We've all been guilty of leaving milk out of the fridge at some point in our lives. Maybe you accidentally left milk out for an afternoon after pouring a bowl of cereal, or, after grocery shopping, you ran another errand with a gallon of milk in the decidedly unrefrigerated trunk of your car. And we all know it's a bad idea to leave milk unrefrigerated for an extended period of time because it might spoil—but how long is too long? How long can milk be out of the fridge and still be safe to drink?

The answer is slightly different depending on where you live. Most of the milk consumed in France, Belgium, and Spain, for example, is UHT, or ultra-high temperature milk. This means it doesn't need to be refrigerated. But in the United States, pasteurized milk must be refrigerated, according to the US Food and Drug Administration. "By law, Grade A milk must be maintained at a temperature of 45°F or below," say food-safety specialists at Clemson University. Ideally, milk should be stored on your fridge's bottom shelf at a temperature between 38 and 40°F. That's because the bottom shelf, according to the Dairy Council of California, is the coldest part of your fridge, so it's the best spot for readily perishable items like milk.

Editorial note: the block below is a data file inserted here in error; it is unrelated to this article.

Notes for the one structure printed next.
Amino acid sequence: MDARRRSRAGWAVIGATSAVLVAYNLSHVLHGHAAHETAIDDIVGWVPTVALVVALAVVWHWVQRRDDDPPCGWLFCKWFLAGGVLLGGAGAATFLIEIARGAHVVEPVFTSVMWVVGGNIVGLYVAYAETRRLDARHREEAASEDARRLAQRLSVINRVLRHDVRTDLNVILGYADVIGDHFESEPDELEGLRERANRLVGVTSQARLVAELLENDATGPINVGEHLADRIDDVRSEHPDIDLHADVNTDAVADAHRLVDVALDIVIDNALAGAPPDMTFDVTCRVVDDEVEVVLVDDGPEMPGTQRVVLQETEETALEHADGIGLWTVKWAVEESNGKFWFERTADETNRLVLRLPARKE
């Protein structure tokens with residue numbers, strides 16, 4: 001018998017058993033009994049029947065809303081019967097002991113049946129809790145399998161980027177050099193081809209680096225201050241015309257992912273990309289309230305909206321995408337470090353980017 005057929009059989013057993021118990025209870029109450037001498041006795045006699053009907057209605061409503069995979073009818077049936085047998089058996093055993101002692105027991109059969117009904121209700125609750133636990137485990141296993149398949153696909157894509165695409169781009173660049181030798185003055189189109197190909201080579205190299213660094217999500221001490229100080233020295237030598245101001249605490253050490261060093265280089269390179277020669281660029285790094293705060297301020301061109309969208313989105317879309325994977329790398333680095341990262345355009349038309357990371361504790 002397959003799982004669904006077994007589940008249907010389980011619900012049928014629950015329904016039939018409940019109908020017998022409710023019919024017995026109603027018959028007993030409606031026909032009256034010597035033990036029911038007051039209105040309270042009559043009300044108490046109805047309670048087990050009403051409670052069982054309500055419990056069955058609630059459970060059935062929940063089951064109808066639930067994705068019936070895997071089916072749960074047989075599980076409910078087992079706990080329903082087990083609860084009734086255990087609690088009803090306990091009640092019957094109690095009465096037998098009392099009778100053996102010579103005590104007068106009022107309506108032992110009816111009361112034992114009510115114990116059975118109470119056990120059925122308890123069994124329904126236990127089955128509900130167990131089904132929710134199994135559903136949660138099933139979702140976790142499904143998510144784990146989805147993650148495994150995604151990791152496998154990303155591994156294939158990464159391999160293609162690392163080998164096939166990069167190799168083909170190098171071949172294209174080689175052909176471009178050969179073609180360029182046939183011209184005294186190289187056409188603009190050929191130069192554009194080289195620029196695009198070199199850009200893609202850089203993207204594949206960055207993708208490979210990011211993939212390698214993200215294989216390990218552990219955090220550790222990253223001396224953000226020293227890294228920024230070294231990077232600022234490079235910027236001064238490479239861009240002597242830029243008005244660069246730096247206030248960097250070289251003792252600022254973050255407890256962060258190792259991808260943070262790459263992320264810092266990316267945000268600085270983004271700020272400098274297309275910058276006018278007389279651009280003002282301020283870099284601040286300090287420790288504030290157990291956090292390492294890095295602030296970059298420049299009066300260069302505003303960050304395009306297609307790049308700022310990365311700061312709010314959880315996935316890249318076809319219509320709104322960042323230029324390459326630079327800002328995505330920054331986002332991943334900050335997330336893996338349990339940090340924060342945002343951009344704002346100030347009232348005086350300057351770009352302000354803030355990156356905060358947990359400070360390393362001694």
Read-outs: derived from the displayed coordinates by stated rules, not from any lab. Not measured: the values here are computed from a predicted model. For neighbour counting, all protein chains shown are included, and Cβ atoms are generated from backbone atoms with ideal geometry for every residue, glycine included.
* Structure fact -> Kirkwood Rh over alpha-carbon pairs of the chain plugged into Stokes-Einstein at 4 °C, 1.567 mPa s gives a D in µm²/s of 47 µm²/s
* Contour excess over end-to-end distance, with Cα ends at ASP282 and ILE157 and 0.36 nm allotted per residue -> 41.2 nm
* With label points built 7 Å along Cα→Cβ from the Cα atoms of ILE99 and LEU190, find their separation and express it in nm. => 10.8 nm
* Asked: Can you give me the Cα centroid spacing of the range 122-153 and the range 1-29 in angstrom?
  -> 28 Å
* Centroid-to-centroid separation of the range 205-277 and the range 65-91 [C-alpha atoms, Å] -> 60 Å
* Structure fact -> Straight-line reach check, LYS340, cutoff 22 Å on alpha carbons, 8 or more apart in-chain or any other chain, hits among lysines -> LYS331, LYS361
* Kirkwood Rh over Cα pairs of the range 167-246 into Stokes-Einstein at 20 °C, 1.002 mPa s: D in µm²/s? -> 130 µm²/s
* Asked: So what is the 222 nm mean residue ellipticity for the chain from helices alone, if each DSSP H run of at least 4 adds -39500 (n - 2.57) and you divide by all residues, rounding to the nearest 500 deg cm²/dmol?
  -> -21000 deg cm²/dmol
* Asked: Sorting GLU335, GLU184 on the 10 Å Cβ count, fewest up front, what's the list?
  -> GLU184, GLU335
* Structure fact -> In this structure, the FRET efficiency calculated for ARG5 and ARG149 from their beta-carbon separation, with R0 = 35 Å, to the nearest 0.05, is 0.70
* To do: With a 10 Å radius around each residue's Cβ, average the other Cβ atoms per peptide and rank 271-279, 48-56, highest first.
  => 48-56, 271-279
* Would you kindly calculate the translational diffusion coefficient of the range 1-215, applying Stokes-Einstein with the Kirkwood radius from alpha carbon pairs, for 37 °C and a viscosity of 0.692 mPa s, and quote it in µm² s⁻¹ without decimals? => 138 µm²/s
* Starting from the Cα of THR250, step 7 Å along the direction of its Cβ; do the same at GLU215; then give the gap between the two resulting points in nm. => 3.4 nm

Why do you need to be careful about the way you store milk? If milk is left out of the fridge for an extended period of time it can become a food-safety issue. Bacteria start to grow and replicate when the temperature of your milk reaches 40°F, and those bacteria are how you end up with a gallon of nasty, rotten milk or, at worst, contract an illness. 

According to the US Food and Drug Administration, refrigerated foods, including milk, should never be out of the fridge at room temperature for longer than two hours. That window closes quickly if the ambient temperature rises. "If the temperature is above 90°F, food should not be left out more than 1 hour," the US Food and Drug Administration says. That's part of the reason the Dairy Council of California recommends going straight home after grocery shopping and immediately putting your milk in the fridge.

If you do accidentally leave milk out on the counter for a couple of hours, you won't necessarily get sick from drinking it—but you're not helping your chances. So refrigerate your milk as soon as you get home, and leave it in the coldest part of the fridge when you're not using it. If nothing else, you'll limit your chances of smelling rotten milk, which, in my opinion, is a win in and of itself.